The distinctive features are:
- earth or rubble fill
- transverse cross beams at approximately 2 ft (60 cm) intervals
- longitudinal timbers laid on the cross beams and attached with mortice joints, nails, or iron spikes through augered holes
- outer stone facing
- cross beams protruding through the stone facing
But this is usually the form of all the Gallic walls. Straight beams, connected lengthwise and two feet distant from each other at equal intervals, are placed together on the ground; these are morticed on the inside, and covered with plenty of earth. But the intervals which we have mentioned, are closed up in front by large stones. These being thus laid and cemented together, another row is added above, in such a manner, that the same interval may be observed, and that the beams may not touch one another, but equal spaces intervening, each row of beams is kept firmly in its place by a row of stones. In this manner the whole wall is consolidated, until the regular height of the wall be completed.
... it possesses great advantages as regards utility and the defence of cities; for the stone protects it from fire, and the wood from the battering ram, since it [the wood] being morticed in the inside with rows of beams, generally forty feet each in length, can neither be broken through nor torn asunder.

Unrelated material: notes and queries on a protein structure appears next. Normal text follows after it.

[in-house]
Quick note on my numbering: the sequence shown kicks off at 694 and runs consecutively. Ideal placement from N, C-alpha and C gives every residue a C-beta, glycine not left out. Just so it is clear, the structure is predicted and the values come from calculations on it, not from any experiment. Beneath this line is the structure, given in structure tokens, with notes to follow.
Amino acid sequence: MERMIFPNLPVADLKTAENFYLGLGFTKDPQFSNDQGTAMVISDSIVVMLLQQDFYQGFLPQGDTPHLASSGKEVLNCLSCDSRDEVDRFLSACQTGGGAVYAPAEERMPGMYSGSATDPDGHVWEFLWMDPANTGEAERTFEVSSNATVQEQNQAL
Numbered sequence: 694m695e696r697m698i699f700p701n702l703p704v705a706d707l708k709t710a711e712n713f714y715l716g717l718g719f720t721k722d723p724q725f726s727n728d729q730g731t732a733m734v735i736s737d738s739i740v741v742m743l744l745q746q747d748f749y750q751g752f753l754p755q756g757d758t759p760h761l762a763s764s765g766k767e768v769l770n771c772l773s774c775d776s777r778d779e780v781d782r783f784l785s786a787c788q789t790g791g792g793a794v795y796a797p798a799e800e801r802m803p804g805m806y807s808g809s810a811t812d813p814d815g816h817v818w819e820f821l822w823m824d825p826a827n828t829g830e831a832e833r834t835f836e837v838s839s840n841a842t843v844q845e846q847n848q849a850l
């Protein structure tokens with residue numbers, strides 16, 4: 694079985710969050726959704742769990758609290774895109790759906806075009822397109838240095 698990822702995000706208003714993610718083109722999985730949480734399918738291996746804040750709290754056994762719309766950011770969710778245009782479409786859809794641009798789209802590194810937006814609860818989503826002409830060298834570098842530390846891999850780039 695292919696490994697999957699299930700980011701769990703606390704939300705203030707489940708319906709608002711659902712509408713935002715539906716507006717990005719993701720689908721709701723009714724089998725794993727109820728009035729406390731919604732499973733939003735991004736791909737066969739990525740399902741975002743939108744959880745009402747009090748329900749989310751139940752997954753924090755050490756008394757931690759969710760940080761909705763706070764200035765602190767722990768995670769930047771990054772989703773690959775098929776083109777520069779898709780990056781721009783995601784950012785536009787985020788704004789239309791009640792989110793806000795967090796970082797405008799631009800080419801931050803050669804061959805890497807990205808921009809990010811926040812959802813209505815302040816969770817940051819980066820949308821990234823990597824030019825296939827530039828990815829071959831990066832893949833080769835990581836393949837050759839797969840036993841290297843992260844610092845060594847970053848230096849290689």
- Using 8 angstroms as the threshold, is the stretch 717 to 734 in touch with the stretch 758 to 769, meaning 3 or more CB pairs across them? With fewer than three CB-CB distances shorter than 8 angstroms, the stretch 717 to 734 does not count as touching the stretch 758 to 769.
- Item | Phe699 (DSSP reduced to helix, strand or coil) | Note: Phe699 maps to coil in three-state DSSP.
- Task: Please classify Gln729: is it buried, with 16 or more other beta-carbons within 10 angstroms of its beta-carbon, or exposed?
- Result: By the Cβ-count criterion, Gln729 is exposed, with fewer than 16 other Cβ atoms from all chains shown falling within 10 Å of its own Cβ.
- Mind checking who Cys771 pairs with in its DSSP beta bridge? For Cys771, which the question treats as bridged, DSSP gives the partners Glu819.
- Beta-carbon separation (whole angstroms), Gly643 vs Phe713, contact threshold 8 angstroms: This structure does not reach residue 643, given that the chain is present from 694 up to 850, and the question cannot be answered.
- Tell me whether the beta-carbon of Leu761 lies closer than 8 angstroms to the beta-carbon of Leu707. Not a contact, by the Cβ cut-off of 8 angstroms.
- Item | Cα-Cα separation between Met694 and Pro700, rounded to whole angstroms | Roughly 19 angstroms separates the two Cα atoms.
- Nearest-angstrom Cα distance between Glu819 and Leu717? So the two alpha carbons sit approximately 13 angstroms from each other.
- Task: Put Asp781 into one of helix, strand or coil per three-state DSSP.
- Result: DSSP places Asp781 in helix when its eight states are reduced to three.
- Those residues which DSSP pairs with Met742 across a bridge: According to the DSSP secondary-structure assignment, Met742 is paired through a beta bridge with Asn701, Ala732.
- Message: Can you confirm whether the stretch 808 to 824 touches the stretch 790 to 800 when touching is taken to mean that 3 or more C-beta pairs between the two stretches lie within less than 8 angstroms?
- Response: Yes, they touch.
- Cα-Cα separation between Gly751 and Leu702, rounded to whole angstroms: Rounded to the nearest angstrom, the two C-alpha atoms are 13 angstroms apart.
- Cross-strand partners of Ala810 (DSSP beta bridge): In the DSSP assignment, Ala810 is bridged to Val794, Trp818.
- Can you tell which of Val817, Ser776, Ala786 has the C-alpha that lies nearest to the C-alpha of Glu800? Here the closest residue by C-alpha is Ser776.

About 30 structures of this type have been excavated, mainly in Gaul, but extending to the upper reaches of the Rhine and Danube. The example at the sea promontory fort of Le Camp d'Artus, at Huelgoat, was excavated and reported by Sir Mortimer Wheeler.
The murus Gallicus contrasts with other construction styles:
- Pfostenschlitzmauer - characterised by upright wooden posts in the outer wall, typical in Central Europe.
- Dacian Wall - inner and outer stone walls reinforced with inner horizontal timber tie beams.
At Manching an earlier murus gallicus wall was rebuilt in the pfostenschlitzmauer style.
- Commentaries on the Gallic Wars, Julius Caesar, 7.23
- The Ancient Celts, Barry Cunliffe (1997) ISBN 0-14-025422-6
- Celtic Fortifications, Ian Ralston (2006) ISBN 0-7524-2500-5
The definitive modern reference on hillfort construction, with extensive descriptions, comparative analysis, photographs of modern reconstructions, and even results of experiments burning reconstructed walls.
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